Election for co-chairs and treasurer was held and current co-chairs Alicia Jrapko, Cheryl LaBash, and Nalda Vigezzi, and treasurer Don Goldhamer were all re-elected unanimously.

A solidarity message from the Canadian Network On Cuba to the NNOC meeting was read highlighting the actions in Canada as well as sending greetings of friendship and solidarity.

The opening presentation was our ICAP friends who talked first about the tremendous victory at the United Nations where, in 2016, for the first time, the vote to condemn the United States blockade passed with no opposition (191 in favor of the resolution, 0 opposed, 2 abstentions). The also talked about their visits to area cities as guests of NNOC member groups: Pittsburgh, Minneapolis, Milwaukee, in addition to Chicago. Sandra Ramirez also brought greetings from all of ICAP and reported on their work in the past year.

The first panel focused on OFAC prosecutions of travelers to Cuba and of IFCO/Pastors for Peace.
Peggy Valdez outlined the threats to revoke the 501c3 tax status of IFCO.  The alleged violations are minor record keeping issues but addressing those areas has been time consuming and costly for IFCO and threatens its 50 years of work.  IFCO has obtained an offer of fiscal sponsorship from the Alliance for Global Justice should they lose the case.  They are continuing to solicit letters of support to the IRS, White House, and Congress.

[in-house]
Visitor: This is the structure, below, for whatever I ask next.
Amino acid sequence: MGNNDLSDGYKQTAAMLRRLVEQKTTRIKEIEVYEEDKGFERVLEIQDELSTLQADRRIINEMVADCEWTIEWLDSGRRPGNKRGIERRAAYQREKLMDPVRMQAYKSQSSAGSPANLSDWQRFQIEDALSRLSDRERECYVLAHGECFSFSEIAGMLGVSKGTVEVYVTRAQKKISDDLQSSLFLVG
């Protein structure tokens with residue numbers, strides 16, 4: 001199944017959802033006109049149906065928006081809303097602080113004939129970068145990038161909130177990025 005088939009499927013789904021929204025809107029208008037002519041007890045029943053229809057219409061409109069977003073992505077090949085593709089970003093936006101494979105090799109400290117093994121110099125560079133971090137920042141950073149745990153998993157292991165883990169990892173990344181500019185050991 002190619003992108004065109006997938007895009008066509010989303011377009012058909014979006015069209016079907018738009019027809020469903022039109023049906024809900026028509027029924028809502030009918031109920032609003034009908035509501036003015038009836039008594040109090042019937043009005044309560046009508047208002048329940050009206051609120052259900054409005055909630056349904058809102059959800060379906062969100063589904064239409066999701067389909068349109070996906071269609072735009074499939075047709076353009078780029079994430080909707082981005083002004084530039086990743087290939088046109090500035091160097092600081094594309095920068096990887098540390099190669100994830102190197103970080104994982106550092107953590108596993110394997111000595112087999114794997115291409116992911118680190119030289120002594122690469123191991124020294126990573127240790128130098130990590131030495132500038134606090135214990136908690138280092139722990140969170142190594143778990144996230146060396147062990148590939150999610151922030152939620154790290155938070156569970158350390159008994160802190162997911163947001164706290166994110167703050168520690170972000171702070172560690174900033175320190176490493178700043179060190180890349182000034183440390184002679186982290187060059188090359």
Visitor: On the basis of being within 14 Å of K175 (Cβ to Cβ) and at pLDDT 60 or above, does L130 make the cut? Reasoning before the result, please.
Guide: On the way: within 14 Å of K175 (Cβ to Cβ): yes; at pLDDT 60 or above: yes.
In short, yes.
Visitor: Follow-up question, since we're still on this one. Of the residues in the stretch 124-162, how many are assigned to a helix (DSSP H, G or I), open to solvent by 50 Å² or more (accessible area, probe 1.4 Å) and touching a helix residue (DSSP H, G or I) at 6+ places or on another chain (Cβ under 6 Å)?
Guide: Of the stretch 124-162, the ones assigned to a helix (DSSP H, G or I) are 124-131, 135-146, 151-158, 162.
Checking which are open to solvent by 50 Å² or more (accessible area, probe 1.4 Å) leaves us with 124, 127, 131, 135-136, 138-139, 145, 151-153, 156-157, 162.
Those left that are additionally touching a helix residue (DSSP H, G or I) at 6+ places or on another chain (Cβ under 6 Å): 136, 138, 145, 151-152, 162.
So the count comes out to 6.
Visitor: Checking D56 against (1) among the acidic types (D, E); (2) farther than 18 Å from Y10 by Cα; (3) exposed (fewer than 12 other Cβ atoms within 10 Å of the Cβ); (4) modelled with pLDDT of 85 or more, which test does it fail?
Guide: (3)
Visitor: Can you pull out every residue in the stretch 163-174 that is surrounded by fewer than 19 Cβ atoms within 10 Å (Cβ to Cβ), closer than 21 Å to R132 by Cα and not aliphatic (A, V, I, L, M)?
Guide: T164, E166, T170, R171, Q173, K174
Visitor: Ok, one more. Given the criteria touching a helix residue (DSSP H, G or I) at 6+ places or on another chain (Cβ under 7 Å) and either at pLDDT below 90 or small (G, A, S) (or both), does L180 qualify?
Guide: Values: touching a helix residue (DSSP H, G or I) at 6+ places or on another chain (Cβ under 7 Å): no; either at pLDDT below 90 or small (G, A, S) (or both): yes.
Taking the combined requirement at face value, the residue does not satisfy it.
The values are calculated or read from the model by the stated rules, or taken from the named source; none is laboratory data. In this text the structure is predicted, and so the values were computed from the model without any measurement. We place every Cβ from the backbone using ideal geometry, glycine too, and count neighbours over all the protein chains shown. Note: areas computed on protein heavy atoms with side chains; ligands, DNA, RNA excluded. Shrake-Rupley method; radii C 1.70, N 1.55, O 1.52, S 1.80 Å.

Art Heitzer reported on the renewed enforcement of travel restrictions and prosecution of traveler,  Albert Fox whose organization, Alliance for Responsible Cuba Policy Foundation, has been charged as an unlicensed travel provider due to 2 trips:  one opening a dialogue between the U.S. and Cuban oil drillers resulting in an agreement protecting the Gulf of Mexico from environmental disasters. The second trip brought civic leaders from Tampa, FL to Cuba to celebrate the first direct flight from Tampa in over 50 years.  He faces a penalty of $100,000 for “trading with the enemy”.  His legal defense team can be contacted to offer support or for more information at: